An Interview with Pulitzer-Prize Winner W.S. Merwin
Tell W.S. Merwin that you've heard his Pulitzer Prize-winning collection "The Shadow of Sirius" described as a study in time and memory and he will chide you for your obtuseness, though he is too kind to use the word.
"You could say that about any personal book," the poet said from his home in Hawaii, not long after he learned he had won the prize for the second time. "We're made of the past. I don't know how we write about anything else."
"The Shadow of Sirius" is divided into three sections. The first, Merwin said, is "roughly my earliest years, from inside, as seen from now." The final section deals with the latter days of his life and "the middle bit is short elegies, all for dogs." These he wrote out of "a desperation of grief" that could not otherwise be expressed.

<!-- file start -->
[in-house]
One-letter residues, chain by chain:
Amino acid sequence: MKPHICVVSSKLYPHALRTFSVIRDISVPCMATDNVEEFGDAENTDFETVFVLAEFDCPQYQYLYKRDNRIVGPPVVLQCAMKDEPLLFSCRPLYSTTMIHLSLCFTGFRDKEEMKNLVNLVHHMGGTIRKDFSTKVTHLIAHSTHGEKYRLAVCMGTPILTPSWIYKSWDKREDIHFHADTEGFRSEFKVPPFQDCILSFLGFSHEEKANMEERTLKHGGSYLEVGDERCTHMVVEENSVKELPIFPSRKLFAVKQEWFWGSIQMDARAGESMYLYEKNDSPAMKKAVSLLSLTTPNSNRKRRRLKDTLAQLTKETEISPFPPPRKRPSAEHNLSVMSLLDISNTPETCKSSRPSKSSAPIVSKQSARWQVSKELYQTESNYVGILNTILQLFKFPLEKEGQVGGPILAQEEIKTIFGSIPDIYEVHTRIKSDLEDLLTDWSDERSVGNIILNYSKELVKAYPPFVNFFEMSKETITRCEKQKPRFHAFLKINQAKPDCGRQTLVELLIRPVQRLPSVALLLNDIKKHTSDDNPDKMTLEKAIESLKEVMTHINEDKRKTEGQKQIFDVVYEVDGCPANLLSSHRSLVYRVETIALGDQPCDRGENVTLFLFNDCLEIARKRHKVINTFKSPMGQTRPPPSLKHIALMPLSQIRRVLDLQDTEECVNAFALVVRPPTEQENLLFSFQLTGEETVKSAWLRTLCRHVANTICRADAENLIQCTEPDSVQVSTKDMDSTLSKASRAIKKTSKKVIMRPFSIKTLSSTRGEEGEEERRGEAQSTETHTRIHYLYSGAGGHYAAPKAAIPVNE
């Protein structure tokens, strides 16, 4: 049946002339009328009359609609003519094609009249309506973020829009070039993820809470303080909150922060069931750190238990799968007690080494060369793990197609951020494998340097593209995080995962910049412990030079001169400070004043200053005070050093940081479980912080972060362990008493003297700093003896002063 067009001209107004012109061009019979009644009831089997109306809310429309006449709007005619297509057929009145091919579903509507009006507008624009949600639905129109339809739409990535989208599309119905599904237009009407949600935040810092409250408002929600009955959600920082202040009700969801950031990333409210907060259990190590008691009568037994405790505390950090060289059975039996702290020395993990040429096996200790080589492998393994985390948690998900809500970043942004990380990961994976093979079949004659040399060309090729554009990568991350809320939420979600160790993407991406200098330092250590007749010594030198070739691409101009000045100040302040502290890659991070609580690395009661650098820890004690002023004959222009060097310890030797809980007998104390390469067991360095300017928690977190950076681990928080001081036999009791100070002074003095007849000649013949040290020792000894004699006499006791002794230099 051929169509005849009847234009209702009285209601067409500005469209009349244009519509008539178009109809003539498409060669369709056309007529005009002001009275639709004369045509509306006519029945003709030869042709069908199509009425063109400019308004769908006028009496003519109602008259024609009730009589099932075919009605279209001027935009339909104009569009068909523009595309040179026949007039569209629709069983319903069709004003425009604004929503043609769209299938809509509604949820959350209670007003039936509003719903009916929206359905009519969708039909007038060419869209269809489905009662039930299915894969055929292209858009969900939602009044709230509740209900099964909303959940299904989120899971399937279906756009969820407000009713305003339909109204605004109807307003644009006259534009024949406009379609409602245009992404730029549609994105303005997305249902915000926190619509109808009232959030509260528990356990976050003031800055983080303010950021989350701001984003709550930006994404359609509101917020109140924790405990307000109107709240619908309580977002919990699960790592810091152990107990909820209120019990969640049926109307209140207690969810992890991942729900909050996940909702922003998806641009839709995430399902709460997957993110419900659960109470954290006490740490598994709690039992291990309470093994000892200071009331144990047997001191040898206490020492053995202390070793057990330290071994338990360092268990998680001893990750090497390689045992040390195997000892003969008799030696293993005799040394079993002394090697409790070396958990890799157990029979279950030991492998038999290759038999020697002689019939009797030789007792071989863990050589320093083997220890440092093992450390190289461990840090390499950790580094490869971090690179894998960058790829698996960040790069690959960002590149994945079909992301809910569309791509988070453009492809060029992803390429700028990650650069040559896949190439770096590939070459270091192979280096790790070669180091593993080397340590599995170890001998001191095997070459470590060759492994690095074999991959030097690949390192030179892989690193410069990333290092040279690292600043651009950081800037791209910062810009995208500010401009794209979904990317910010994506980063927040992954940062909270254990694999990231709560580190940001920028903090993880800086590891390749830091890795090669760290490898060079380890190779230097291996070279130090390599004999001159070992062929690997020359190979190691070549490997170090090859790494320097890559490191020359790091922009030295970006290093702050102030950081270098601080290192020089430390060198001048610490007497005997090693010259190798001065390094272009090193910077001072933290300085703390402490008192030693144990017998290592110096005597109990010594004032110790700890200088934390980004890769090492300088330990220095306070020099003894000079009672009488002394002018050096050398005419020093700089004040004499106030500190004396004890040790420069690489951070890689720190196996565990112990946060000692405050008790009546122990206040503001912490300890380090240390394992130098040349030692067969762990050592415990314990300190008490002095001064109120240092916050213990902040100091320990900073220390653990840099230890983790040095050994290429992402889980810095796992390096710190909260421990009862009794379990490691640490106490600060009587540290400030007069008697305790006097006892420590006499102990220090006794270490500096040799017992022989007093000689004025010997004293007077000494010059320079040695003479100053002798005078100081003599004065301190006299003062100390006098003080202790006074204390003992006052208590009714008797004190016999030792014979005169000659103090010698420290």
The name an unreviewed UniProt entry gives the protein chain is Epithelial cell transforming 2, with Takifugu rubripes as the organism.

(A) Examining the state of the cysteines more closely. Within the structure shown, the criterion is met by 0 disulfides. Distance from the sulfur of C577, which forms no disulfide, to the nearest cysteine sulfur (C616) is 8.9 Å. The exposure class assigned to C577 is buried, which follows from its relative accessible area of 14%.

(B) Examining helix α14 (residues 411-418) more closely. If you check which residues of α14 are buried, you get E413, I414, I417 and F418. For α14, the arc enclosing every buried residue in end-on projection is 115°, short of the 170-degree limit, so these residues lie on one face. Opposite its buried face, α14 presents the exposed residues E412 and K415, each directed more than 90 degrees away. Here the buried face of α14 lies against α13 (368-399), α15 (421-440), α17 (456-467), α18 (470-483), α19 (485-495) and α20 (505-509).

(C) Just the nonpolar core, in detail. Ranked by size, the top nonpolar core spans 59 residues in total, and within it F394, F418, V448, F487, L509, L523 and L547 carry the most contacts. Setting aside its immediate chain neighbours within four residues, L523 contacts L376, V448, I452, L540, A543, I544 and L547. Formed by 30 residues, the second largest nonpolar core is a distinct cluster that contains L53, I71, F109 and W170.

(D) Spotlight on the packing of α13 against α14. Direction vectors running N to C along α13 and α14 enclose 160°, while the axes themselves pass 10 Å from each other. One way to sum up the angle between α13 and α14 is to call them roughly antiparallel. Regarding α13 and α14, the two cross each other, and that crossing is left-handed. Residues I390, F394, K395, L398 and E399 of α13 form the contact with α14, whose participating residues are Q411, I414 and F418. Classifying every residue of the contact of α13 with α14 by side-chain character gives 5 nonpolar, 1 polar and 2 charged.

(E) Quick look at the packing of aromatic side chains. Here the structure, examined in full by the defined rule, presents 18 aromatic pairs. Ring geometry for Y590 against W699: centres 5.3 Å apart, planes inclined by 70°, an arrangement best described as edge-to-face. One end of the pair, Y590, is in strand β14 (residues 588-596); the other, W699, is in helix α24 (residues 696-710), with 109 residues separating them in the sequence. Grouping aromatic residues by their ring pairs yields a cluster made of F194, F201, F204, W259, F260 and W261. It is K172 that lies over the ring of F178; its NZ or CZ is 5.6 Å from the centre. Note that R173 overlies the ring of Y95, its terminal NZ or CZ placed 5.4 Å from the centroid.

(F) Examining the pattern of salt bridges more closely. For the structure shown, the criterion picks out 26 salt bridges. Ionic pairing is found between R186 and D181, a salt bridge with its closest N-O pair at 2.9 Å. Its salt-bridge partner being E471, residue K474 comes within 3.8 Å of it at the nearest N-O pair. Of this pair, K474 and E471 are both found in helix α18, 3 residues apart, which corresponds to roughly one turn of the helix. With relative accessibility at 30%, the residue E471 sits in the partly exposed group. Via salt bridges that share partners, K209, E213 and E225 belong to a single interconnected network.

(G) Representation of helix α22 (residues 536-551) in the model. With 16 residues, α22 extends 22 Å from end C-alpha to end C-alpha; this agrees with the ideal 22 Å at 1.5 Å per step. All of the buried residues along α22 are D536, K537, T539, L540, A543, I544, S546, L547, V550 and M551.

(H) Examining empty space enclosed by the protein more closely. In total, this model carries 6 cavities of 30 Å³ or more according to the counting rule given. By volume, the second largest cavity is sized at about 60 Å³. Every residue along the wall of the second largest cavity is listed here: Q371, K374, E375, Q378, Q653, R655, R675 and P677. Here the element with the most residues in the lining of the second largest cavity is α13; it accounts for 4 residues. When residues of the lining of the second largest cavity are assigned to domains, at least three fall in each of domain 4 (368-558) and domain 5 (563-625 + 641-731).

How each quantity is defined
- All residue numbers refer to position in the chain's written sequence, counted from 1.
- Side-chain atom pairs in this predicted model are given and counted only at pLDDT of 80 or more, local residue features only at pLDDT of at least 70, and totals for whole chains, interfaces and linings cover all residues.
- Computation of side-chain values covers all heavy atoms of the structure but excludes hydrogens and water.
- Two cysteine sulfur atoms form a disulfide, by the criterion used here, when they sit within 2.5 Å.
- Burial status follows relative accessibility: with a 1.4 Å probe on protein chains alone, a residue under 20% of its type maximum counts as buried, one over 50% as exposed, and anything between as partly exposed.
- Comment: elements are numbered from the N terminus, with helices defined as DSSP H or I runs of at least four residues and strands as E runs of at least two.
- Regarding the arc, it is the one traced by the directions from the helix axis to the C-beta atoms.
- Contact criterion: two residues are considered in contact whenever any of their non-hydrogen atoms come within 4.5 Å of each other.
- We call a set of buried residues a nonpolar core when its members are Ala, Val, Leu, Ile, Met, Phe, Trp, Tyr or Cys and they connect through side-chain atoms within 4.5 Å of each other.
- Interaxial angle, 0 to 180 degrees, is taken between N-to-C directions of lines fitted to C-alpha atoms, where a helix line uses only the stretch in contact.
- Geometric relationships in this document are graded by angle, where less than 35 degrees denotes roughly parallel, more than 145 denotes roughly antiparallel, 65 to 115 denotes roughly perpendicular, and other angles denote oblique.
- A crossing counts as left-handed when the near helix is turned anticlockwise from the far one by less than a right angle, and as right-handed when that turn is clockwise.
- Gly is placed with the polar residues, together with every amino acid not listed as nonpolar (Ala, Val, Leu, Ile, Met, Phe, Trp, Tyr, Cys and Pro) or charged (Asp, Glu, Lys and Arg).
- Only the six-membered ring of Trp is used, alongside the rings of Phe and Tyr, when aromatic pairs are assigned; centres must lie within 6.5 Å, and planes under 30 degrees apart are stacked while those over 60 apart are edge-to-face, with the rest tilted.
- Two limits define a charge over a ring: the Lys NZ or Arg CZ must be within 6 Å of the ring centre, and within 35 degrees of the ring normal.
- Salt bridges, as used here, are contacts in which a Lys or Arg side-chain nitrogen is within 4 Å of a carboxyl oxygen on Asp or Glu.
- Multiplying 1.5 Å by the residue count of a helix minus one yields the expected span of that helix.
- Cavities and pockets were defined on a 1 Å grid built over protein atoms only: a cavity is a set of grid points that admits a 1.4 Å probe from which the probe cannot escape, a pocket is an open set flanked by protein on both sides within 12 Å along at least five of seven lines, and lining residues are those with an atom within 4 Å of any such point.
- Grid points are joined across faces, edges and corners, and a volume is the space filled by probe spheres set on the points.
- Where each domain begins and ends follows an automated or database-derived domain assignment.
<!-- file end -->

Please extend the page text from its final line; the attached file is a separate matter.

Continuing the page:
Poetry begins with the inexpressible, he said, whether it's "lust, love, anger, grief or loss." The key is that "in trying to say it, you don't say it -- you make something else that represents it."
At 81, Merwin has long been one of the most honored American poets. His first Pulitzer came in 1971. Still, winning this time was unexpected and "wonderful -- I'm very happy."
Yet the most rewarding thing "is when somebody tells me that a particular poem of mine meant a great deal to them. That's what I want."
-- Bob Thompson
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